Latest criminal cases, including temporary sheriffs; sentencing and sentencing discounts; non-disclosure by the Crown; drug offences

The long-running temporary saga

J Alfred Prufrock spoke of those who measured life with coffee spoons. For those of us who use leading cases as milestones on the way through our legal lives, it is salutary to note that Starrs v Ruxton was reported at 2000 SLT 42. The fallout continues, not just in the minds of those who maintain that we are still seriously under-sheriffed but in the very appeal court itself. Which brings us to Robertson v Frame 2005 GWD 03-23. The case actually involves three separate appellants, collectively known as “C”, who sought suspension of their various convictions before various temporary sheriffs. Because of perceived uncertainty about the possible effect of the case of R v HMA 2003 SLT 4, the appeals were remitted to a court of five judges for a fuller consideration of the question of acquiescence. In the event it was held that, although the appellants had been entitled to and had not received a trial before a court of independence and impartiality (which was the objection to temporary sheriffs), nevertheless by their actings in the light of the prevailing legal situation at the time of their conviction and sentence they were barred by acquiescence from now appealing. In other words, it was effectively held that a defective determination by a temporary sheriff was one which was an invalid act capable of being acquiesced in rather than one which was necessarily null and void and as such incurable. The effect of this decision, it is understood, is that everyone ever convicted and sentenced by a temporary sheriff will not be able thereby to lodge a bill of suspension in the sure and certain hope of success.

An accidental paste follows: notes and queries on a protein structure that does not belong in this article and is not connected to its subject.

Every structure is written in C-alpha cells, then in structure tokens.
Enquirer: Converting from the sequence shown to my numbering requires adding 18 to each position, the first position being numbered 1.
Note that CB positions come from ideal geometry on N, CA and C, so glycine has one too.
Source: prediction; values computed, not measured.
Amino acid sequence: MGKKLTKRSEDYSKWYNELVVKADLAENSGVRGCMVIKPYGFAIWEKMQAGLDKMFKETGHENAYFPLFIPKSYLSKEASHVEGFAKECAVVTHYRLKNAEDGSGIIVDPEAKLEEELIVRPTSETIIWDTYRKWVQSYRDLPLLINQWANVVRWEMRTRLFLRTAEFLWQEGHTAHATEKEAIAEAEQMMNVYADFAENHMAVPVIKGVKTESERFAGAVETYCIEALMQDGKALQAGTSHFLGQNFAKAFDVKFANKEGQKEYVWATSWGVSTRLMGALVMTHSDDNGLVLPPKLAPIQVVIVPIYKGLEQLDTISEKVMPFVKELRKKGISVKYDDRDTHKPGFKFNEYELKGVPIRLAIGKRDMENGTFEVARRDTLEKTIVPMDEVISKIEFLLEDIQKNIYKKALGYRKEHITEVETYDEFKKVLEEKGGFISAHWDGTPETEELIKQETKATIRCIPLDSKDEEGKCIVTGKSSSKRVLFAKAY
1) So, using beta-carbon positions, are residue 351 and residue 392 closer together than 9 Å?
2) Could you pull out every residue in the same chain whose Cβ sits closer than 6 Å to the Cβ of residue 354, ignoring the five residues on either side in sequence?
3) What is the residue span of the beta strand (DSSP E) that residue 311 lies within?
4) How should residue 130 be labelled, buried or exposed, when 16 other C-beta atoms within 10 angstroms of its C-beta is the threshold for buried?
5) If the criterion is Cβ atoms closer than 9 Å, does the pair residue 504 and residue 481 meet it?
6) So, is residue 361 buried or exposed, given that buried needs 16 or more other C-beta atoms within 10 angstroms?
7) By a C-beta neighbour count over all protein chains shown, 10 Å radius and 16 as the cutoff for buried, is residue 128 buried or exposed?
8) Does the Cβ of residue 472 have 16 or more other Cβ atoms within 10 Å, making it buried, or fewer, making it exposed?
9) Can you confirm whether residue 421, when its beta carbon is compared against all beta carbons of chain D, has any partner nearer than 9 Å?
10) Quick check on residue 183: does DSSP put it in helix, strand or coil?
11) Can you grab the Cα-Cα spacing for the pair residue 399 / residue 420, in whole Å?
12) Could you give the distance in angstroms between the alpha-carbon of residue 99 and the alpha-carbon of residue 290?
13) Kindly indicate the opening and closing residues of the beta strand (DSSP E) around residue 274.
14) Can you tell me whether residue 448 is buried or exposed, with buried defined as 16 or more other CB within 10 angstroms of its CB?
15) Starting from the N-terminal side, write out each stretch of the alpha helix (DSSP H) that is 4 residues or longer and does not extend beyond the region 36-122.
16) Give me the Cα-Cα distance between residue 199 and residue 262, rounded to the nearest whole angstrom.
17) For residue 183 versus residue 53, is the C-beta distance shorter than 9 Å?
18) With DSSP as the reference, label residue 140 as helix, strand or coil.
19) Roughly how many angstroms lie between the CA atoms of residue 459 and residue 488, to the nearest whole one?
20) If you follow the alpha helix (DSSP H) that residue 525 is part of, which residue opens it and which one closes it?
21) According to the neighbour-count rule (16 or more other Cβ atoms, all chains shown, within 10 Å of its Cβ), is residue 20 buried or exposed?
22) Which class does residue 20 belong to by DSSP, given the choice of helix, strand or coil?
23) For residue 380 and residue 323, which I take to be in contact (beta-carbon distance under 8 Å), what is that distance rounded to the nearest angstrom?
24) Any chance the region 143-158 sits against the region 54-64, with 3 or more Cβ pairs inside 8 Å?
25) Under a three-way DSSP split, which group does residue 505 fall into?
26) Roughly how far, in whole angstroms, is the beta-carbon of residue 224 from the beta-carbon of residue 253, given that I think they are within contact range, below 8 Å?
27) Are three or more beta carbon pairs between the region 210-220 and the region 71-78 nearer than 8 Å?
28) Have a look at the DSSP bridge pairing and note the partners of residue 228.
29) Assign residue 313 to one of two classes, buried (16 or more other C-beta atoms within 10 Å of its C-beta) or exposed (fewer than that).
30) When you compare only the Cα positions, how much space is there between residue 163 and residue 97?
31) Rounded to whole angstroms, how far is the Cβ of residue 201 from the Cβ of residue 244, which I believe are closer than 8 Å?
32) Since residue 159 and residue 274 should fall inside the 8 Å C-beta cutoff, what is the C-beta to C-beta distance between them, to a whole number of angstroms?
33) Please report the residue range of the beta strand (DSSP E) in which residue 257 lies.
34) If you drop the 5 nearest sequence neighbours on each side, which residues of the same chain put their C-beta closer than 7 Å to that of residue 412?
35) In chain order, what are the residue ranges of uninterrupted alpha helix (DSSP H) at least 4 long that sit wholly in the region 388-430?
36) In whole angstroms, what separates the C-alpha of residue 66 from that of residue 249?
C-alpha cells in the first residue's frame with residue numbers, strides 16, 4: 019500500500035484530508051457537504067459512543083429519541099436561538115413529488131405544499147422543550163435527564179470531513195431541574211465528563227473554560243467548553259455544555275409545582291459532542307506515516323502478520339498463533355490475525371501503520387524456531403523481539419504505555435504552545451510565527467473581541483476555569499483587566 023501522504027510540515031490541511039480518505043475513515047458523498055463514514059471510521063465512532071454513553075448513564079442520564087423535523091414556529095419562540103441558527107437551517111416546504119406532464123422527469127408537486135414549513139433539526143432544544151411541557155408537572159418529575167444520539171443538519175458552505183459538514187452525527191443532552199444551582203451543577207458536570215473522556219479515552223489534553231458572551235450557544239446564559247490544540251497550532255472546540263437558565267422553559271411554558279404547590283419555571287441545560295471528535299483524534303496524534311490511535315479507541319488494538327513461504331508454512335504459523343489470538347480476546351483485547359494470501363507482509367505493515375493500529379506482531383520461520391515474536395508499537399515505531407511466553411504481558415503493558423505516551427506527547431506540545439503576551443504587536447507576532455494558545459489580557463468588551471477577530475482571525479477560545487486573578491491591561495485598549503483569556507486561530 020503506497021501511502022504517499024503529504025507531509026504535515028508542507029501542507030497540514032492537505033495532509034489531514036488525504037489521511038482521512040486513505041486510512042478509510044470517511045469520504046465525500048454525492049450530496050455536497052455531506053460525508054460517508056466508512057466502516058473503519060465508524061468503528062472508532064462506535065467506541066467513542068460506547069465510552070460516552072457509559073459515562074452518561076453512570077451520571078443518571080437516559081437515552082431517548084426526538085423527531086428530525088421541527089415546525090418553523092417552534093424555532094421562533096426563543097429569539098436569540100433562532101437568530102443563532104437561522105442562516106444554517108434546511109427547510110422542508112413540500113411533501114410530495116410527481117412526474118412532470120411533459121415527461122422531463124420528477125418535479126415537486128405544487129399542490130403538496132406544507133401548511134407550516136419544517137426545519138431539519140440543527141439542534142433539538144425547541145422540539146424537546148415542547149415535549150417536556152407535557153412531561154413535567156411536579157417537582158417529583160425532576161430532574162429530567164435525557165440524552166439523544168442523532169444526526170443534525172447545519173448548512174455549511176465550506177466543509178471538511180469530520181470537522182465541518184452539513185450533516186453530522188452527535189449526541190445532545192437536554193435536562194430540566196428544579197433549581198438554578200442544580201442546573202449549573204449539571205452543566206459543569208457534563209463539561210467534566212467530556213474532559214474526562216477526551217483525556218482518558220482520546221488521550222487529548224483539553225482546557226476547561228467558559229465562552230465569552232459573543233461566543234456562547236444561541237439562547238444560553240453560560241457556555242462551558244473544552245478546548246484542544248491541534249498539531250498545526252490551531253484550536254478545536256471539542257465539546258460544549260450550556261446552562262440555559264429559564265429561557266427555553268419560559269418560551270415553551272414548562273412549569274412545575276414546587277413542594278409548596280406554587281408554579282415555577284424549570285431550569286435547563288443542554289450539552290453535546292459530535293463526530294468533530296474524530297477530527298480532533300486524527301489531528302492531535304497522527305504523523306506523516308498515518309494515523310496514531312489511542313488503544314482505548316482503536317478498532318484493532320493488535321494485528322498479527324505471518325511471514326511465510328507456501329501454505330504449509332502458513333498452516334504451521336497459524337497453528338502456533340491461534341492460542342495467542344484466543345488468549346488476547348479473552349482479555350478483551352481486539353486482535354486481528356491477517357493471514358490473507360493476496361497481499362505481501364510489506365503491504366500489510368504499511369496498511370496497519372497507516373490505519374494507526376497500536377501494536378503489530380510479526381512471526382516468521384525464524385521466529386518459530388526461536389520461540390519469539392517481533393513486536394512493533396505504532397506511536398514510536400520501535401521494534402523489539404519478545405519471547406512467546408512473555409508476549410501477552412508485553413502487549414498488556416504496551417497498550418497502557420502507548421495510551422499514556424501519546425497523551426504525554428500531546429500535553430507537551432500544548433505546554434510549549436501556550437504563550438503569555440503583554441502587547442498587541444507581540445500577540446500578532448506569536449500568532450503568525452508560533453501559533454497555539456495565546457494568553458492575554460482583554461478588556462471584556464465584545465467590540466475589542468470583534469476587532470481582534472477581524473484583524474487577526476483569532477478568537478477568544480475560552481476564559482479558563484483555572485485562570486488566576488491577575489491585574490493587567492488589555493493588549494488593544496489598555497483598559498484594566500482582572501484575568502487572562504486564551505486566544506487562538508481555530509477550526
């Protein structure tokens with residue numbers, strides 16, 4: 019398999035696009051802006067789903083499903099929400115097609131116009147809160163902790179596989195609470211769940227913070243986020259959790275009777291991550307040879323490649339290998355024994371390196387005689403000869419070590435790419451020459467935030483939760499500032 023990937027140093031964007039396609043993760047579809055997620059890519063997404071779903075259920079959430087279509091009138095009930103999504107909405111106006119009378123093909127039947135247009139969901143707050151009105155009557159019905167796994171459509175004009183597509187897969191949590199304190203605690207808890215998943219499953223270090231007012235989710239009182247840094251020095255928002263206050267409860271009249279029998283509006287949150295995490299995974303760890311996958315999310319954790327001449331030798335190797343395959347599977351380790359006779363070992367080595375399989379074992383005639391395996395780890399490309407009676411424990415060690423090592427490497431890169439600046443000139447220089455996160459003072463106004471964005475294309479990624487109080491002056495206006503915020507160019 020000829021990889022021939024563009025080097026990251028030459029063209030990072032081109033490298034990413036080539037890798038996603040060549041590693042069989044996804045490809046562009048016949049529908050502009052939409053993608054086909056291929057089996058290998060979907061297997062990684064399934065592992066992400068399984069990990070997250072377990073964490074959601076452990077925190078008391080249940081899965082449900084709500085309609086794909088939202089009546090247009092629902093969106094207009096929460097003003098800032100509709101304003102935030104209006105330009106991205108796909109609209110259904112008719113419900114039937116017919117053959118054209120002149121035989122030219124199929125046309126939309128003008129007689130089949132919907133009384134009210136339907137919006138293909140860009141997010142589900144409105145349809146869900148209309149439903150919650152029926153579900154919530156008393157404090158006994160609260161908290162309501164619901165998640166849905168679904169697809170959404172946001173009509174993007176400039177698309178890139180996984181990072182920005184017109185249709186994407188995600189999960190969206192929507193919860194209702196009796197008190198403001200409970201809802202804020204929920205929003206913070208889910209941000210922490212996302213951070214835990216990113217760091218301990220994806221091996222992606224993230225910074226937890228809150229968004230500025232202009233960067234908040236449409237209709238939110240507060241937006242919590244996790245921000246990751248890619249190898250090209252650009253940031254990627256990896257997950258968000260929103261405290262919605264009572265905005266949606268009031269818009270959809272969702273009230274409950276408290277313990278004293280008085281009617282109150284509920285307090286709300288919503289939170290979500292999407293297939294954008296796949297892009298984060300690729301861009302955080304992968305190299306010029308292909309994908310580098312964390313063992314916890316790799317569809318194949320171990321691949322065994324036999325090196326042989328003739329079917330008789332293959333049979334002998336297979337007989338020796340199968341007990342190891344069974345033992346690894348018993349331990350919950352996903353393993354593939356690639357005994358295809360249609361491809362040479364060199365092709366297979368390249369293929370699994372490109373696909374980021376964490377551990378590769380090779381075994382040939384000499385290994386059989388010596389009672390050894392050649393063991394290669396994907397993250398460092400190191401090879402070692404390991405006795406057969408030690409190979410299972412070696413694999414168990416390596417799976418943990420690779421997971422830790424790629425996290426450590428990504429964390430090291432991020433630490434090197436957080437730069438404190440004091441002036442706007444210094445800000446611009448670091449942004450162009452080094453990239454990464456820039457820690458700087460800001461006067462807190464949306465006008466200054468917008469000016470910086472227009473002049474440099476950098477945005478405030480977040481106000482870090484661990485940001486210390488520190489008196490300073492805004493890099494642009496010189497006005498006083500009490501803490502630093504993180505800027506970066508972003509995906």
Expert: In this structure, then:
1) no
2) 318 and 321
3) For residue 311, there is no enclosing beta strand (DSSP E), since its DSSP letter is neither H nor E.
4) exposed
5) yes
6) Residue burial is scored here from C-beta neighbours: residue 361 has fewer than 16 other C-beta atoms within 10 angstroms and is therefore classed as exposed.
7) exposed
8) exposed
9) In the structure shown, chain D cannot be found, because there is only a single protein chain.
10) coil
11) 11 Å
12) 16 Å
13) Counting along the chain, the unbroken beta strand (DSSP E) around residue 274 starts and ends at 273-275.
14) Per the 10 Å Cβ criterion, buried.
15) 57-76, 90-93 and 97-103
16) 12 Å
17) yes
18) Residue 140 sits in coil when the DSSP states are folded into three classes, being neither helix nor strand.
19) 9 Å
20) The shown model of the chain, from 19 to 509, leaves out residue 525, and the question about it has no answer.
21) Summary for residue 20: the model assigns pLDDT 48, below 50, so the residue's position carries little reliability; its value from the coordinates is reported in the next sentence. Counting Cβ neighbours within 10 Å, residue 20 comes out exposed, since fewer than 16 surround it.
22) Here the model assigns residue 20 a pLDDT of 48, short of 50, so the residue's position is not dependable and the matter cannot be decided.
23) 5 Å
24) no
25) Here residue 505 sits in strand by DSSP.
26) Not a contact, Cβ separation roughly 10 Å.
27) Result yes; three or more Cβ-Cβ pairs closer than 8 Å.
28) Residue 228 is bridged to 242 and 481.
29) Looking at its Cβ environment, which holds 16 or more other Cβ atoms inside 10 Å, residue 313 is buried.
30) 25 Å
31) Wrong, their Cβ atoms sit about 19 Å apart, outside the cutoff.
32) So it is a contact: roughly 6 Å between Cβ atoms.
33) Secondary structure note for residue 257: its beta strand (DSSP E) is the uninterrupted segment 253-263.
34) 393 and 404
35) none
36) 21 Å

Much interest in base rates